Mascara has been here since the 19th century, making the lashes longer, thicker, blacker and eyes more alluring. But did you ever wonder what’s inside that tube?
Is there bat poop in inside mascara? To settle down your thoughts, no. There is no any kind of poop in mascara. That is only an urban legend where people probably mistake guanine for guano. Even though guanine can actually be found in bat poop (guano), it is not harvested from it.
Cosmetic companies mostly use fish scales to get their guanine or cheaper alternatives like a synthetic pearl, bronze particles, mica or aluminium. Aluminium is usually used in extremely small amounts. However, it can irritate some people’s skin but there are products on the market which are aluminium-free.
It typically includes a carbon black or iron oxide pigment which darkens the lashes. It also includes a polymer that forms a film that coats the lashes, a preservative and thickening oils or waxes. Mostly it’s lanolin, mineral oils, paraffin, petroleum or castor oil. From waxes, carnauba and candelilla are most common.
In the 1930s mascaras were quite dangerous, as they contained ingredients like turpentine, lead and aniline which is found in most hair dyes. This resulted in many women going blind but fortunately, the strict regulations changed the situation. Now, the ingredients have to be safe to be applied in the eye area. However, watch out for Thimerosal – which can sometimes use a rash or conjunctivitis.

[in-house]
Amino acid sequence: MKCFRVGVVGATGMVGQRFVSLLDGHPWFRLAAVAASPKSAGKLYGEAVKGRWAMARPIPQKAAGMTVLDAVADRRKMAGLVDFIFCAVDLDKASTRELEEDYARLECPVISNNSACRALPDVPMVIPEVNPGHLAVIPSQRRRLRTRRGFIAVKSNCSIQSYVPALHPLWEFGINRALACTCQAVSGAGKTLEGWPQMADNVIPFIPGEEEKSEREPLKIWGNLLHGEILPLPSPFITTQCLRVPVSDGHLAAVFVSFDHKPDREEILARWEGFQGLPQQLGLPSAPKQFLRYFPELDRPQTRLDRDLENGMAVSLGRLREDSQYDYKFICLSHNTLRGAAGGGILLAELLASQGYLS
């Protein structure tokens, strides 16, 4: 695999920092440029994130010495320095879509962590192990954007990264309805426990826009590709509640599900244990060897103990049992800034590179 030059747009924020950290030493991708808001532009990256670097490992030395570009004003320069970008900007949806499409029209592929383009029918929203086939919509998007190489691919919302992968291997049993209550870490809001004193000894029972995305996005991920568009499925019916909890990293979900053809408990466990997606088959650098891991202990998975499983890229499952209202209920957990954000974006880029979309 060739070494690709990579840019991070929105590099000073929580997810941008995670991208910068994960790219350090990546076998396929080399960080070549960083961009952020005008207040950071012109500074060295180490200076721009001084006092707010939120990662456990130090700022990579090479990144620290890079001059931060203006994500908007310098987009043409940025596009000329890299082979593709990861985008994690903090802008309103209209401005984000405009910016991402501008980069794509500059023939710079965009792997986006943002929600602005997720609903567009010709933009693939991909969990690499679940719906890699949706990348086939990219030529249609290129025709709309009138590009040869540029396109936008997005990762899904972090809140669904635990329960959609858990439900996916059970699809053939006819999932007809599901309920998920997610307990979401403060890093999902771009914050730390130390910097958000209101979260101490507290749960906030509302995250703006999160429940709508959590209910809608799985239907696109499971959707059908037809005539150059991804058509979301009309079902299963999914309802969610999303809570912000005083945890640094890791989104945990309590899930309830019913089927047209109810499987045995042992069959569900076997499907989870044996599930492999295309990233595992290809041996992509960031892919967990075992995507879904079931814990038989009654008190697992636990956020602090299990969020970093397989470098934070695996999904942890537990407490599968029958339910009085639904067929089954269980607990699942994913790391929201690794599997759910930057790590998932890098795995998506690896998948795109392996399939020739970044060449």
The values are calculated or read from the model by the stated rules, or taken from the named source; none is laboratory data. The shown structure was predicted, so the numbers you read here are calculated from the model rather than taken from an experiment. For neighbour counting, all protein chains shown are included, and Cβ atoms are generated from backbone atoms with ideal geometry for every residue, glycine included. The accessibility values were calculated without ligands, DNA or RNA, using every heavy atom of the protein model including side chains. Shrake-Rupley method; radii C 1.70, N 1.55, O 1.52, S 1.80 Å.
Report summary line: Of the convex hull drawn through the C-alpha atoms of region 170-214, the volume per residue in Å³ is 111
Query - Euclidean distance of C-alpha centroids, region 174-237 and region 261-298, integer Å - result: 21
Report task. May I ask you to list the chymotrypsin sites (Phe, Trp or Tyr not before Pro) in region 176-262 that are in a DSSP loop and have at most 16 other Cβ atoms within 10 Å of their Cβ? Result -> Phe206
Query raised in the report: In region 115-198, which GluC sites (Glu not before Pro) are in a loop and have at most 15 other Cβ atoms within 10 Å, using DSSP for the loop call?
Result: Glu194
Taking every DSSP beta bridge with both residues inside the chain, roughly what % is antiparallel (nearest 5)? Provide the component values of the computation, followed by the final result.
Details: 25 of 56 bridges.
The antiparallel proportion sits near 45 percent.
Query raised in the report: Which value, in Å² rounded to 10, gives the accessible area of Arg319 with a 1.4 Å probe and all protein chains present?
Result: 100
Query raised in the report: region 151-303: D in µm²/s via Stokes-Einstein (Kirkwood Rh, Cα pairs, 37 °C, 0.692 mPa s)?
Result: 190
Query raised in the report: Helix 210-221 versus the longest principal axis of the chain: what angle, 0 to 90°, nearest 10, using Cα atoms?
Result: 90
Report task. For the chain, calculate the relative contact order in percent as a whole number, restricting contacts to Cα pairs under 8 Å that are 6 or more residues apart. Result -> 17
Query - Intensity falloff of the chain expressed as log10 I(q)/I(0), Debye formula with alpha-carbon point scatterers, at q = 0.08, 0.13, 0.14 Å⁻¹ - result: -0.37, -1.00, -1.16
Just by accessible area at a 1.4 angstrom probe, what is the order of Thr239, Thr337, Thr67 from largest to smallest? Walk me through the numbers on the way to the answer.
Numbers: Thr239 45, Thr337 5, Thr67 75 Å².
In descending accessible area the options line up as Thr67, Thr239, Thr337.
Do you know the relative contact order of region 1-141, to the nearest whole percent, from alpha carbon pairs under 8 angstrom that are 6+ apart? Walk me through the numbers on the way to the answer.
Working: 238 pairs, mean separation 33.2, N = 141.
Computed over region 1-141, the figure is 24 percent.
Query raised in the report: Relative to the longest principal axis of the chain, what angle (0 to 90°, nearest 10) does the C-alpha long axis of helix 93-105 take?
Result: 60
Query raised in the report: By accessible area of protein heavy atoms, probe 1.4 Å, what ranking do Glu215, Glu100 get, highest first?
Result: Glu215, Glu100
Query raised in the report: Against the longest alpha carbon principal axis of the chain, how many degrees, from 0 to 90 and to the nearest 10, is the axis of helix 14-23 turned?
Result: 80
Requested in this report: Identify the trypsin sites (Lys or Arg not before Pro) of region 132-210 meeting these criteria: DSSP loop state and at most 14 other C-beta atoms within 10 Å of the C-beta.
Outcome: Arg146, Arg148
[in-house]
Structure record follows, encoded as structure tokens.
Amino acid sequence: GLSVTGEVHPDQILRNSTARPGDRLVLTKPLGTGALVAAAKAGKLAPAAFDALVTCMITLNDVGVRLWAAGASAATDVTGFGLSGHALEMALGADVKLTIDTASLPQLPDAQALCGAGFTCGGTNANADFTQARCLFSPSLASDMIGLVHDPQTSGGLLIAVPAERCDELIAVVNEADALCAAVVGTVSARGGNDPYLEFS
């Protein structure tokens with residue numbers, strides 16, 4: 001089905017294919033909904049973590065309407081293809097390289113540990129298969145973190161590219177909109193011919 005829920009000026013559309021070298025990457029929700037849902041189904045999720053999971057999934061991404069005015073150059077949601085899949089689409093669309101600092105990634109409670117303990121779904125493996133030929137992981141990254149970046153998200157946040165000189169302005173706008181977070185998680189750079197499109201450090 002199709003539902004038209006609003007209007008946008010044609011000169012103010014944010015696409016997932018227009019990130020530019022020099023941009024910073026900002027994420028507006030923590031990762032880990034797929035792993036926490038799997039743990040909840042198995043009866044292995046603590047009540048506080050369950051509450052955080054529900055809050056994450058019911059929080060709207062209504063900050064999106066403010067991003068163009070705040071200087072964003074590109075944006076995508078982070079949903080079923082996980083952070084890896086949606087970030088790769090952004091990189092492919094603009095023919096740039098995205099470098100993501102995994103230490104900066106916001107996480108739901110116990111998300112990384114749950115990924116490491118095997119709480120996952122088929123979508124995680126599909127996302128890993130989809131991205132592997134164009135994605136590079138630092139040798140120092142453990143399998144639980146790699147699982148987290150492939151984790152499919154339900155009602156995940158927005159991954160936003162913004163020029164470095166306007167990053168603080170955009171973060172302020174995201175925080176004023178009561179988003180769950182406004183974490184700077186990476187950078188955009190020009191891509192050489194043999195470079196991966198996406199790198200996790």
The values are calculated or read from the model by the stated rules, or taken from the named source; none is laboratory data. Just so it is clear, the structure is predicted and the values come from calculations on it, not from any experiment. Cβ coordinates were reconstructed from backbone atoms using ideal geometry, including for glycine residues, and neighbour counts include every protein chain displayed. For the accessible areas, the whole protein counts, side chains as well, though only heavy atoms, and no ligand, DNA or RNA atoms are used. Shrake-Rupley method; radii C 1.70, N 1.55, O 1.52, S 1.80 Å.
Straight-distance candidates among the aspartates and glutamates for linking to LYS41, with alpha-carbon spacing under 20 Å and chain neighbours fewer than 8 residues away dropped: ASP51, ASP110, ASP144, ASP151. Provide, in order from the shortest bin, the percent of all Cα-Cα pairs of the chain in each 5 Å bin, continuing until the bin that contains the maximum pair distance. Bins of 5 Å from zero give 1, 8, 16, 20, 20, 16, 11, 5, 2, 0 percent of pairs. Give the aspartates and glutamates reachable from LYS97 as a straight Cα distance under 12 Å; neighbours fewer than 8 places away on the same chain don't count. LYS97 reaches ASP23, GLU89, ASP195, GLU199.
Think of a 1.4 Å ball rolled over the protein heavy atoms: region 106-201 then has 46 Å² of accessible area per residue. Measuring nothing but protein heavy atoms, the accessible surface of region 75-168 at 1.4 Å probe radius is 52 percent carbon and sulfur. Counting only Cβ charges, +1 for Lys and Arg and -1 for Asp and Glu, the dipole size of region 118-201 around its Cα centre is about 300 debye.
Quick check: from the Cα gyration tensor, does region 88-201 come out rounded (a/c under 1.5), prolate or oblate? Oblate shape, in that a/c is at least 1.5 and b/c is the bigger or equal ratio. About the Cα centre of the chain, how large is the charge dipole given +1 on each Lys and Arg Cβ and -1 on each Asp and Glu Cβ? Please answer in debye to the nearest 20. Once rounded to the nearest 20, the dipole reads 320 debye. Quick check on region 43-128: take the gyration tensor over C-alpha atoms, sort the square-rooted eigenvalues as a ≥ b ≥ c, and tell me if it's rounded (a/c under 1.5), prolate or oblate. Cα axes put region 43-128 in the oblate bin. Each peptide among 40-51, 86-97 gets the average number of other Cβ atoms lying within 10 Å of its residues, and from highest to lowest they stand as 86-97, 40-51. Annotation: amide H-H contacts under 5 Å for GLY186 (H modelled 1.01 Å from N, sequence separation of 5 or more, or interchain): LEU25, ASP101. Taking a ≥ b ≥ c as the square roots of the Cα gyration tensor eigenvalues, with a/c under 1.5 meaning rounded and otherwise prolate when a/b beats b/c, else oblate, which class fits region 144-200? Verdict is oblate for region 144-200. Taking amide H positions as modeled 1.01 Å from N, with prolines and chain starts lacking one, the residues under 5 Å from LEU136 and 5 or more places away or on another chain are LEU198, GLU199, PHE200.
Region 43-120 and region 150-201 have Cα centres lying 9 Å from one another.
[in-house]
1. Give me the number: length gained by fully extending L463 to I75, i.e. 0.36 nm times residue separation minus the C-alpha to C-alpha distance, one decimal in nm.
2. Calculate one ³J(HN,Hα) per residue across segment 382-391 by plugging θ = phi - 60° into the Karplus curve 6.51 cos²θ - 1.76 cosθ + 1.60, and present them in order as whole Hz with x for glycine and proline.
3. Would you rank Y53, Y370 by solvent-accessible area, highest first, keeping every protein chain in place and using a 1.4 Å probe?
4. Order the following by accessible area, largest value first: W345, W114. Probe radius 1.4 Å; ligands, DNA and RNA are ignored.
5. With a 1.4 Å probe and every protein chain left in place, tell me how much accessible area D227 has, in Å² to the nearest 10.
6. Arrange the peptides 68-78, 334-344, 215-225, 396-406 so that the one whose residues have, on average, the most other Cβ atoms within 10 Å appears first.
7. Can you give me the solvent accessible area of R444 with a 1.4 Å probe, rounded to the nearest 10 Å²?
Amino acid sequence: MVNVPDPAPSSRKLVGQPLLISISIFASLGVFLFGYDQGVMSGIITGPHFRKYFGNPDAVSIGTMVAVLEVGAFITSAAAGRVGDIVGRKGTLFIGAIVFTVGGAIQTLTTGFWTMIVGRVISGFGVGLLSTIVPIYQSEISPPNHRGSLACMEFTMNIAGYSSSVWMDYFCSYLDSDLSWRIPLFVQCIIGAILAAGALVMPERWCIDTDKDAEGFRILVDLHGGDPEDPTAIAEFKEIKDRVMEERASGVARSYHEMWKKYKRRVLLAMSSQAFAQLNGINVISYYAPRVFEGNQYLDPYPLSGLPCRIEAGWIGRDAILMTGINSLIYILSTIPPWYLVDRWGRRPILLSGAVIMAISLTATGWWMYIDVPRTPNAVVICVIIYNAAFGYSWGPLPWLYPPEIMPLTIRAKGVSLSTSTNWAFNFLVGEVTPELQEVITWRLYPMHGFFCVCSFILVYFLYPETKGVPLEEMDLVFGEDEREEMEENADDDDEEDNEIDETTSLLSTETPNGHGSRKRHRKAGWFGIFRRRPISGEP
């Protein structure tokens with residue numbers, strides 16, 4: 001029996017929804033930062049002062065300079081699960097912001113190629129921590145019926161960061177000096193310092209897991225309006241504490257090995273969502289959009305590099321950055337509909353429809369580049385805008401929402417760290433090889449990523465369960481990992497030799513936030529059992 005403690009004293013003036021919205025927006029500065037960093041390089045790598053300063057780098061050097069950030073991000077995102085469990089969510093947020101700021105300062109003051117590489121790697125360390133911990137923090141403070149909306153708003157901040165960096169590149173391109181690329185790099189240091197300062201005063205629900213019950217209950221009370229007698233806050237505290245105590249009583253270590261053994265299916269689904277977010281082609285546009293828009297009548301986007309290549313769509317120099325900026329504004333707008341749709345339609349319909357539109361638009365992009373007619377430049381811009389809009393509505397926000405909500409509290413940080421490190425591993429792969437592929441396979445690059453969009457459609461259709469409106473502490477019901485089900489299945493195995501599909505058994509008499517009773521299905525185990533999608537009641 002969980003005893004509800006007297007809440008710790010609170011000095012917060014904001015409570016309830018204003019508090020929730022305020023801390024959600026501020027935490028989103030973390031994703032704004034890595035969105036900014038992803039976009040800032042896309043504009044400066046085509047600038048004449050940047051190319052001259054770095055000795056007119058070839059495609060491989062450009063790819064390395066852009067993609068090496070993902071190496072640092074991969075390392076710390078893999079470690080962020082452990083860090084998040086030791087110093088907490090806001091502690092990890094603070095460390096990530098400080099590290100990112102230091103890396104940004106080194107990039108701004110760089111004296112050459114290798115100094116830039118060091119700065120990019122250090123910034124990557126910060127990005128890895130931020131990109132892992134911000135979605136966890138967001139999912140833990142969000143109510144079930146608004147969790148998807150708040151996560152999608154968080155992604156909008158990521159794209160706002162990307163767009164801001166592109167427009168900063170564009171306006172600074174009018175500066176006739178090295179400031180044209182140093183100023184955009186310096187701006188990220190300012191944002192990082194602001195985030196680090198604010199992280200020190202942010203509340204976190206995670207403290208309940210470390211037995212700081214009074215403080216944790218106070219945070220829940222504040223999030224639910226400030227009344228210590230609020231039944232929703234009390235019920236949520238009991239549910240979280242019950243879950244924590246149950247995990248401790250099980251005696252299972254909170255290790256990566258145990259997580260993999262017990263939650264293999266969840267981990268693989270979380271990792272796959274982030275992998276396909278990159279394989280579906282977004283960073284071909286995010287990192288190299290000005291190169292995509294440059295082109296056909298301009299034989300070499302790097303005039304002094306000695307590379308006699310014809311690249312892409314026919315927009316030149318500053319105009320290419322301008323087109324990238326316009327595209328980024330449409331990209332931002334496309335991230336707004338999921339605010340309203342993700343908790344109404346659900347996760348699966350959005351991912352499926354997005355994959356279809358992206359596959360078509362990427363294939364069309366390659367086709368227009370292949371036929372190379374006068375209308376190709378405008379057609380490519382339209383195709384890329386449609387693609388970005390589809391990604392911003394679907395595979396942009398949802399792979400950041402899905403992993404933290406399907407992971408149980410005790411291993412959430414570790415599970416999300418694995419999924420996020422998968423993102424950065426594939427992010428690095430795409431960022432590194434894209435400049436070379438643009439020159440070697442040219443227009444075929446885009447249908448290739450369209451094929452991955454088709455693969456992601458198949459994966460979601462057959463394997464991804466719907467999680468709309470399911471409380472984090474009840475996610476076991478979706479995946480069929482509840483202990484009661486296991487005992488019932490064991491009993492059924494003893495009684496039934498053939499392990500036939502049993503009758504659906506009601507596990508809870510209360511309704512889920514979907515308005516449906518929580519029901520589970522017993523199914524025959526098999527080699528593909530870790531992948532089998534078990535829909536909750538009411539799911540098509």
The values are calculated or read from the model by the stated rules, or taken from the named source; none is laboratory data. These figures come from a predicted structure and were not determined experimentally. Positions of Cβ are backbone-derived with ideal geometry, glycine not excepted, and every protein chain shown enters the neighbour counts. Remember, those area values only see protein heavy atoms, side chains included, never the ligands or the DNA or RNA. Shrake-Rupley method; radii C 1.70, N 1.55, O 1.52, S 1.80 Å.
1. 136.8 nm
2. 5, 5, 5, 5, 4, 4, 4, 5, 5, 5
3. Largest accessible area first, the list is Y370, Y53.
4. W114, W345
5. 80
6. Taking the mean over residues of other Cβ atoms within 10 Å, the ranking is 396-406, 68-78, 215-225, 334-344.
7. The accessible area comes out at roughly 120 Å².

Waterproof – Yes or No?
To know how easily your mascara will flake or run, check how much water it has. The lower the water percentage, the less likely it will be smeared.
However, the usage of waterproof mascara should be limited. The extra effort which it takes to remove it could damage the lashes and cause them to break and fall off.
How is it made?
Basic ingredients are wax, water, pigment and binders. To prepare the first oil phase, usually, 4 types of wax are mixed. Vitamin E is also added to mascara to help the lashes to get a smooth texture and conditions them.
Additional chemicals are added into the oil phase, then it gets heated so the mixture can be completely unified. In the water phase, cold water and emulsifier are mixed with pigment with cosmetic powder to make the mascara silky and compound which balances PH levels.
Mascara can’t be too acidic or too alkaline. In the end, the water mixture is heated and the oil phase is slowly added into the mix. When the mixture is complete, the sample is tested for quality, PH levels and others.